Grape White North: 10 Surprising Facts about Canadian Wine

canadian flag vineyardWhat better way to celebrate Canada Day than with wines that are truly our own? Choice isn’t a problem with 500 wineries producing 350 million bottles annually.

However, it’s the quality of Canadian wines, rather than the quantity, will convince you that they are the ideal complement to summer fare. Although many Ontario and British Columbia wines are available nationally, those from smaller producers may only be available in their home provinces.

This makes them a special treat worth sampling if you encounter them during your summer travels. Here  are my top Canadian wine reviews to add to your custom shopping wine list, along with the winners of The Great Canadian Wine Match.

Take The Great Canadian Wine Quiz to test your vinous savvy, and join us on CBC radio’s drive-home shows today to chat about Canadian wines for Canada Day.

Here are 10 surprising facts about Canadian wine:

1. There are 500 grape-based wineries in Canada and 1,700 grape growers and 27,500 acres of vineyards.

2. The Canadian wine industry contributes $6.8 billion to the Canadian economy, including $1.2 billion in tourism and 31,000 jobs in manufacturing, agriculture, tourism, transportation, research, restaurants and retail.

3. Every bottle of wine made in Canada contributes $31 to the domestic economy versus approximately 65 cents for an imported foreign wine.

4. Dollar sales of Canadian wines have jumped almost 50 percent over the past five years, while imports went up by only half as much.

5. Canadians drink more than 1 billion glasses of Canadian wine every year, or 220 million bottles. But that’s only 30% of total wine consumption in the country, with foreign imports accounting for 70%, led by France, Italy and the US. Lots of room to grow.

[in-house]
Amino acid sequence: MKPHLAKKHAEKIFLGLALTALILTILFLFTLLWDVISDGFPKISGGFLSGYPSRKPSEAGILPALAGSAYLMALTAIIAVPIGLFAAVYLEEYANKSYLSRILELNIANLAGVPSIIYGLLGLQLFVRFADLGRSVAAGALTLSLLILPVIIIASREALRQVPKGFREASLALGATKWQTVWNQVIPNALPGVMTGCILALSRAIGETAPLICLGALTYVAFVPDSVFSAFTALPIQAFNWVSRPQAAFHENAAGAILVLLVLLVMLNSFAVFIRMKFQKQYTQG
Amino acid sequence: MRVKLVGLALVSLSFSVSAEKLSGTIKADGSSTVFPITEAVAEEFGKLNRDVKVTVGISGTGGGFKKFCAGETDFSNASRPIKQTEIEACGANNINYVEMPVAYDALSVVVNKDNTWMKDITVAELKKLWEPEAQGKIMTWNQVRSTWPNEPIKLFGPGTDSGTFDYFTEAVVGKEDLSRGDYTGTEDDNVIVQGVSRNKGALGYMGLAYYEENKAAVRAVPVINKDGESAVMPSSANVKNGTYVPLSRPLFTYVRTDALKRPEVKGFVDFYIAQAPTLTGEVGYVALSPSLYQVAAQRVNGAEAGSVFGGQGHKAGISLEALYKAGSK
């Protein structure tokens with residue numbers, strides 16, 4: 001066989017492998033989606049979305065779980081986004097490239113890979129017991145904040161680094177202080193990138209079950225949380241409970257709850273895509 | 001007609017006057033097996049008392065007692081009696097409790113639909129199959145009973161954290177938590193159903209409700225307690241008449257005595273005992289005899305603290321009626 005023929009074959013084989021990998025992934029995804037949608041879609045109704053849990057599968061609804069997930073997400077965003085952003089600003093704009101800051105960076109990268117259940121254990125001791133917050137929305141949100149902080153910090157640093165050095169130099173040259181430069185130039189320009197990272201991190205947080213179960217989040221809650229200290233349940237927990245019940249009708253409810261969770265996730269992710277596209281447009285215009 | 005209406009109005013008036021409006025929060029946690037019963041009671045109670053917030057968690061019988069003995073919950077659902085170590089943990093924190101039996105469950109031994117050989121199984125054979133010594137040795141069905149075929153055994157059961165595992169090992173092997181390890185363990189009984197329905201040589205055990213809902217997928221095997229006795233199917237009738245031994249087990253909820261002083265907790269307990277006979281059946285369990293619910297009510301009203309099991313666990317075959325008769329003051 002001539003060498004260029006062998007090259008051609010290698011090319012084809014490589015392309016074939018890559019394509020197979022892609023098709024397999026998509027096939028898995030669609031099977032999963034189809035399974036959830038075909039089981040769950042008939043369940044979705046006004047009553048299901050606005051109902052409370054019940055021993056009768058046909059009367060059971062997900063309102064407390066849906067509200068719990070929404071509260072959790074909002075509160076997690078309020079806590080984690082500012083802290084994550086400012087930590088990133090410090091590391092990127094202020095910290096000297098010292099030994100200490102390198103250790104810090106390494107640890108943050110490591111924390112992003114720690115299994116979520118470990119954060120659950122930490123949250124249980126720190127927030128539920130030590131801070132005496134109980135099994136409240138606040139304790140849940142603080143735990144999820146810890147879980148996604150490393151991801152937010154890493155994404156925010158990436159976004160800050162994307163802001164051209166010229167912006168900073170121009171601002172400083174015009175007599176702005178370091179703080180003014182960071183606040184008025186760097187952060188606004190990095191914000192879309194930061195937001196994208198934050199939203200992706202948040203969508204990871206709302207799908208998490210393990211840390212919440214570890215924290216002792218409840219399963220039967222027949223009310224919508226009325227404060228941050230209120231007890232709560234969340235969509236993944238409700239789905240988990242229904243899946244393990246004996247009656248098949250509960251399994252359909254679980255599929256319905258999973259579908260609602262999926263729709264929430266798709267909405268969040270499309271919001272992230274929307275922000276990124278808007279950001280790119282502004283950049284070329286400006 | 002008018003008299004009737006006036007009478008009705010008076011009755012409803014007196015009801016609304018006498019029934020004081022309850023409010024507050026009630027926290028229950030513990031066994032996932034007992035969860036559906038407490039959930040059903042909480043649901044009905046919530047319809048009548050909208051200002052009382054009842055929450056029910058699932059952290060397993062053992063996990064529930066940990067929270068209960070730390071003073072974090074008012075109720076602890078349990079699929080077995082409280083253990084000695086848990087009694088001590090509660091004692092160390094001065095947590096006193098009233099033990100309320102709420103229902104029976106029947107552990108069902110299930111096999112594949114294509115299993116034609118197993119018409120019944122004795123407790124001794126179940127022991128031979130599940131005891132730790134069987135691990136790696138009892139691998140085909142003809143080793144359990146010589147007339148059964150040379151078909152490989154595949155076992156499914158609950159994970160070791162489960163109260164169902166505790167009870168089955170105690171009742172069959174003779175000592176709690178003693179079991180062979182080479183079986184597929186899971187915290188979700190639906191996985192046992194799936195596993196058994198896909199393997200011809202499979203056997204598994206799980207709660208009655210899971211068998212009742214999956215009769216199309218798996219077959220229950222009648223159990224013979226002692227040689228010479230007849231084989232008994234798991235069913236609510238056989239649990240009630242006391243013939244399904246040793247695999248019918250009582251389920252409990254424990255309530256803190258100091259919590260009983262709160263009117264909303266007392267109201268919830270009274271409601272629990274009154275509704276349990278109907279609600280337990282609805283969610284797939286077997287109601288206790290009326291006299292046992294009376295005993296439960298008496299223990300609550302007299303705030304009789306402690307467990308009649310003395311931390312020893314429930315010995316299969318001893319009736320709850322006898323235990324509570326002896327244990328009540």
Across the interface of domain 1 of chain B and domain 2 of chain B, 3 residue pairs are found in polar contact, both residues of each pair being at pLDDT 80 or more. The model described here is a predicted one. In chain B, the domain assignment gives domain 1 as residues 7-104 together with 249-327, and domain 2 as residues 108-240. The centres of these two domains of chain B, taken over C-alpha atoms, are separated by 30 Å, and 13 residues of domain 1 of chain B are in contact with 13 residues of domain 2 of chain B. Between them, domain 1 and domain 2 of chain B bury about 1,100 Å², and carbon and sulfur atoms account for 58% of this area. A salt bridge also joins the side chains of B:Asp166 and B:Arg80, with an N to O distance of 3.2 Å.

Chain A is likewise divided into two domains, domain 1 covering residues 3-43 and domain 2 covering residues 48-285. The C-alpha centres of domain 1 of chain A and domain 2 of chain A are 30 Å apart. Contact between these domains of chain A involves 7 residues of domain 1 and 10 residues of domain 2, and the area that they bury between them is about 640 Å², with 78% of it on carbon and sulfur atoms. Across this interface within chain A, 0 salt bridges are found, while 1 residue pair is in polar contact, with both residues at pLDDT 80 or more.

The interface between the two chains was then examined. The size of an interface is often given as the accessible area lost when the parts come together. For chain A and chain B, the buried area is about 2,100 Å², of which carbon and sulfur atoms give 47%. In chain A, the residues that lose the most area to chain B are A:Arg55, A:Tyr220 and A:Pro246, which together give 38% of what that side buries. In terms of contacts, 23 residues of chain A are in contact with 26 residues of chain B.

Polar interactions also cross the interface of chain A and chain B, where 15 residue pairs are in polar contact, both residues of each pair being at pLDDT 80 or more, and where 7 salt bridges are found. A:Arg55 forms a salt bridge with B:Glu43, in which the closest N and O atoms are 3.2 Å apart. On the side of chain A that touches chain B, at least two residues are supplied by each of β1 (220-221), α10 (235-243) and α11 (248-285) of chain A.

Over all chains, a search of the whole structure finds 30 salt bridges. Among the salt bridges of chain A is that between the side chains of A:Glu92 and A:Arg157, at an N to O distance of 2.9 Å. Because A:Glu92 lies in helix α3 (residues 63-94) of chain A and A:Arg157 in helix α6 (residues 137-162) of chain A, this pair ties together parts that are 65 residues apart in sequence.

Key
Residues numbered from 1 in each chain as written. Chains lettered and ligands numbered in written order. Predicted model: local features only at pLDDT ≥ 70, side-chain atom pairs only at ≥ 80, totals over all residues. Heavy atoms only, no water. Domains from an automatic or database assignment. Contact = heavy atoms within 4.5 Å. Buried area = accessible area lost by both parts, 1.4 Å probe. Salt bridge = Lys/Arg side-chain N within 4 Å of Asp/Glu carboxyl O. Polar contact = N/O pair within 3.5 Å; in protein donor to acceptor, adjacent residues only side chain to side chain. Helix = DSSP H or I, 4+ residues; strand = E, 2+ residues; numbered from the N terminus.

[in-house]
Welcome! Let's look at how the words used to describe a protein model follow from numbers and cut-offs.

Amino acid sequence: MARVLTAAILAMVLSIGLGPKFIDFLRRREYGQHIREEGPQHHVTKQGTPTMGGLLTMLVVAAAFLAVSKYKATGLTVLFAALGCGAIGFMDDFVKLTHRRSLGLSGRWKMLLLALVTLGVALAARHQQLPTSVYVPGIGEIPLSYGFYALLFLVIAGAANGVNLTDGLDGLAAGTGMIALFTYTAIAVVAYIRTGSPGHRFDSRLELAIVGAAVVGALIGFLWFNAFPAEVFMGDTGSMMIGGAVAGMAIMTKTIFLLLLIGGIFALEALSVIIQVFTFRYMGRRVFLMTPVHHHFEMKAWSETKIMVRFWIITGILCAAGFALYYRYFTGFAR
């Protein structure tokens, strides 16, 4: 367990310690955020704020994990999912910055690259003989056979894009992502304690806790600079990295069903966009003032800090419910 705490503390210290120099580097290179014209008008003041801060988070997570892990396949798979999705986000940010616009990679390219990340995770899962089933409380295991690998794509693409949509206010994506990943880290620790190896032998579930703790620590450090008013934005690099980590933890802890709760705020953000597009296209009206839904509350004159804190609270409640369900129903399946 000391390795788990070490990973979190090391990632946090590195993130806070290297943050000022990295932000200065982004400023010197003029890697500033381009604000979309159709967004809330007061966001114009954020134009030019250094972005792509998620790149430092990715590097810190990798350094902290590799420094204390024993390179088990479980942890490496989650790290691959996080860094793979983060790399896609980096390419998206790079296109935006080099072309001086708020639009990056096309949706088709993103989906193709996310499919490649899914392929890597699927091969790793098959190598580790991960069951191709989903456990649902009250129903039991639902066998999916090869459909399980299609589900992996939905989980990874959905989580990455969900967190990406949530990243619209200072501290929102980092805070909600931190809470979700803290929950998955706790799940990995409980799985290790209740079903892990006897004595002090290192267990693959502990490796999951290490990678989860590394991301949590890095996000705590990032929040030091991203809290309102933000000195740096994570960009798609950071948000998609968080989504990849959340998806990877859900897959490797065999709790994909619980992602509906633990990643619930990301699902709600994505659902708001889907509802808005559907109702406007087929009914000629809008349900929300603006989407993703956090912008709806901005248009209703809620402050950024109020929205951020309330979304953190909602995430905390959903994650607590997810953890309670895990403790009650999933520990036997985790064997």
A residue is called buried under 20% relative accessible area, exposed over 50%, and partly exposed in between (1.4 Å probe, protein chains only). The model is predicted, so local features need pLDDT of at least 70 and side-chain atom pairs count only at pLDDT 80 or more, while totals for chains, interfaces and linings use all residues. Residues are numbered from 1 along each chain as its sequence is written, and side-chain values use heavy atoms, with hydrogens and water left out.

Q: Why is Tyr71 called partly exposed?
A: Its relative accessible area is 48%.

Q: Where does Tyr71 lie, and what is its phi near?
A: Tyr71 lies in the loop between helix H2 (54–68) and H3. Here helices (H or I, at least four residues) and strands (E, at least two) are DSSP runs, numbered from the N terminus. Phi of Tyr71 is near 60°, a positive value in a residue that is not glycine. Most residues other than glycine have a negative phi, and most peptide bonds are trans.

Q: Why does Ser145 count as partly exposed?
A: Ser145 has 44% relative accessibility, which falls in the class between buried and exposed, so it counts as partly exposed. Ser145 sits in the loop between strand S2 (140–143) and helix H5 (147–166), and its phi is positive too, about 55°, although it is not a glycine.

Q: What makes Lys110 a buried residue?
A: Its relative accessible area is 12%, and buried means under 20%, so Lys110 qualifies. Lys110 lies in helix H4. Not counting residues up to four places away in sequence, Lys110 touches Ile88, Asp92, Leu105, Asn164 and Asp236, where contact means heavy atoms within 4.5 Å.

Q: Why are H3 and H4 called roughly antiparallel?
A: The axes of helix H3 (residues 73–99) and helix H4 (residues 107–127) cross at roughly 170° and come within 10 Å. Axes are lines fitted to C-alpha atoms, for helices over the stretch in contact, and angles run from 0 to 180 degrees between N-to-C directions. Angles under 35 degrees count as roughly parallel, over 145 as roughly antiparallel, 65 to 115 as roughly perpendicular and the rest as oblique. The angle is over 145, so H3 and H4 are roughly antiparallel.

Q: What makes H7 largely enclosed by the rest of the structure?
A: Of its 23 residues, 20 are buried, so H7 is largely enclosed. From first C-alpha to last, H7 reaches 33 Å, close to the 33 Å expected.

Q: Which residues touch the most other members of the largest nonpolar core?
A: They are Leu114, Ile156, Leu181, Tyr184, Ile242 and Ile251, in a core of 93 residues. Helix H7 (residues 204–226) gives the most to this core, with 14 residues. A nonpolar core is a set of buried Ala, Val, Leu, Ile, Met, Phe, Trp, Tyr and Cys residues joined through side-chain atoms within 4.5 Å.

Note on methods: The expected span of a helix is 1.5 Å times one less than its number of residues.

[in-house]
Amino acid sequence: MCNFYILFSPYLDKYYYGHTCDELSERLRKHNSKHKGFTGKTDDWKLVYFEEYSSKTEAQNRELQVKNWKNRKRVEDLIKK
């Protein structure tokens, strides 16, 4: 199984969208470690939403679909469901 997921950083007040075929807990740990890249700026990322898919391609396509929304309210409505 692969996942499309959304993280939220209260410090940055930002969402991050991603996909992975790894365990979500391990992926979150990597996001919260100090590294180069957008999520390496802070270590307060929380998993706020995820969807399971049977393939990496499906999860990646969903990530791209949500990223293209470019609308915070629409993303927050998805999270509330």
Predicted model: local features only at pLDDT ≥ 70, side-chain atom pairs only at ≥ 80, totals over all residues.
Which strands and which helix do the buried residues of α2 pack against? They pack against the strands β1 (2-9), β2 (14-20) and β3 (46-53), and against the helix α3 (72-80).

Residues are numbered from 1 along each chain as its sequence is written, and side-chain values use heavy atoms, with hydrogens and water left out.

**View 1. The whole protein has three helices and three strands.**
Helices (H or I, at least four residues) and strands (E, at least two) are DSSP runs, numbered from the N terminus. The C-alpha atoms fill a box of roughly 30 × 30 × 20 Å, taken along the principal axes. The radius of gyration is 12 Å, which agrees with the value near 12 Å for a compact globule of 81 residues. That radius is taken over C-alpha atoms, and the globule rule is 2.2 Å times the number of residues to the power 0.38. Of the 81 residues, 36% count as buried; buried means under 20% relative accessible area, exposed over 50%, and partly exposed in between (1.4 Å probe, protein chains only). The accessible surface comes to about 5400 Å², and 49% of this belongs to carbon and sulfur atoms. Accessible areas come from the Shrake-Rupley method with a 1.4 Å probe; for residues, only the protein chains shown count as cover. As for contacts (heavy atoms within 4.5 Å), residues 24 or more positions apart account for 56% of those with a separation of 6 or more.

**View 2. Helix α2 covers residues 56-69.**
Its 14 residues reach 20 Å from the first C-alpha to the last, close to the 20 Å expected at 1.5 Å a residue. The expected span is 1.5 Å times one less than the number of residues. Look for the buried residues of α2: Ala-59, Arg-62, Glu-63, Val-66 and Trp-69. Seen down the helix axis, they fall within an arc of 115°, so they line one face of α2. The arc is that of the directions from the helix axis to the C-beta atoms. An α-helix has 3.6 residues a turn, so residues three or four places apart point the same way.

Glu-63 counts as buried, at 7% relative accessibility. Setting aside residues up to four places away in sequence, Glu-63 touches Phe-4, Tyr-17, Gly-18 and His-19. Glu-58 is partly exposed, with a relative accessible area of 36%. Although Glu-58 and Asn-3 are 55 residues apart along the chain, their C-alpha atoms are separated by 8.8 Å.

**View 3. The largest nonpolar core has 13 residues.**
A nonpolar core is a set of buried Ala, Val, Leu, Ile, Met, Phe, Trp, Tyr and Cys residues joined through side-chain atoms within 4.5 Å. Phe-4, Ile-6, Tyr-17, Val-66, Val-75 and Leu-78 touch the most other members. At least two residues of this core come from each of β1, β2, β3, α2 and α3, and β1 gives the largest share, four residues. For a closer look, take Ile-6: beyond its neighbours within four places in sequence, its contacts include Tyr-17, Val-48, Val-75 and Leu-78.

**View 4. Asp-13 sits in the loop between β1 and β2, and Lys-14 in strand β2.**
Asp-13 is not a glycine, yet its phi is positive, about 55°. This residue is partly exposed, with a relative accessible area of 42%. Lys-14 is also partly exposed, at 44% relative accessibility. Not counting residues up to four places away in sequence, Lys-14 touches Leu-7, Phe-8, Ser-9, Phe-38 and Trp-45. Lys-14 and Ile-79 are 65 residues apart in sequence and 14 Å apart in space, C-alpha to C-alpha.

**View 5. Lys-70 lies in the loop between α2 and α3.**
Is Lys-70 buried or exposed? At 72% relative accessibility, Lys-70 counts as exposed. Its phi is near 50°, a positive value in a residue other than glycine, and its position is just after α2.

6. Six provinces make grape-based wines: British Columbia (212 wineries), Ontario, Quebec, Nova Scotia, New Brunswick and Prince Edward Island.

7. Alberta, Saskatchewan, Manitoba and Newfoundland make fruit-based wines. Although the classic vinifera grapes such as pinot noir, riesling and chardonnay don’t grow in these provinces due to their climates, fruit such as blueberries, cloudberries, lingoberries, and partridge berries, are the basis for making wine. These wines exhibit a fresh berry character with bright acidity, making them great accompaniments to lobster dinners and other fish dishes.

8. In addition to the classical varieties, Canada grows several unique hybrids such as Baco Noir, Seyval Blanc, Marechal Foch, a cross between Pinot Noir and Gamay grapes, and Vidal, often used as the basis for its world renowned icewine.

9. Canada’s cool climatic conditions enable it to be the largest icewine producer in the world. The grapes for icewine must be gathered and pressed at a temperature not higher than –8oC. Although both Germany and Austria are large icewine producers, their climates are not as consistently cold as is Canada’s to guarantee icewine production every year. Canada produces over 2 million 375ml bottles of icewine annually. The average price of $45/bottle in Canada will go as high as $220 in Japan.

10. Cool climates such as Canada’s produce grapes that are naturally higher in a chemical compound resveratrol. Resveratrol is the anti-oxidant in grape skins that protects the fruit against fungus attacks, and when consumed in wine, appears to reduce fat and cholesterol in human blood which contribute to heart disease.

Sources: Canadian Vintners Association, BC Wine Council, Wine Country Ontario, Association of Quebec Vignerons and Winery Association of Nova Scotia.



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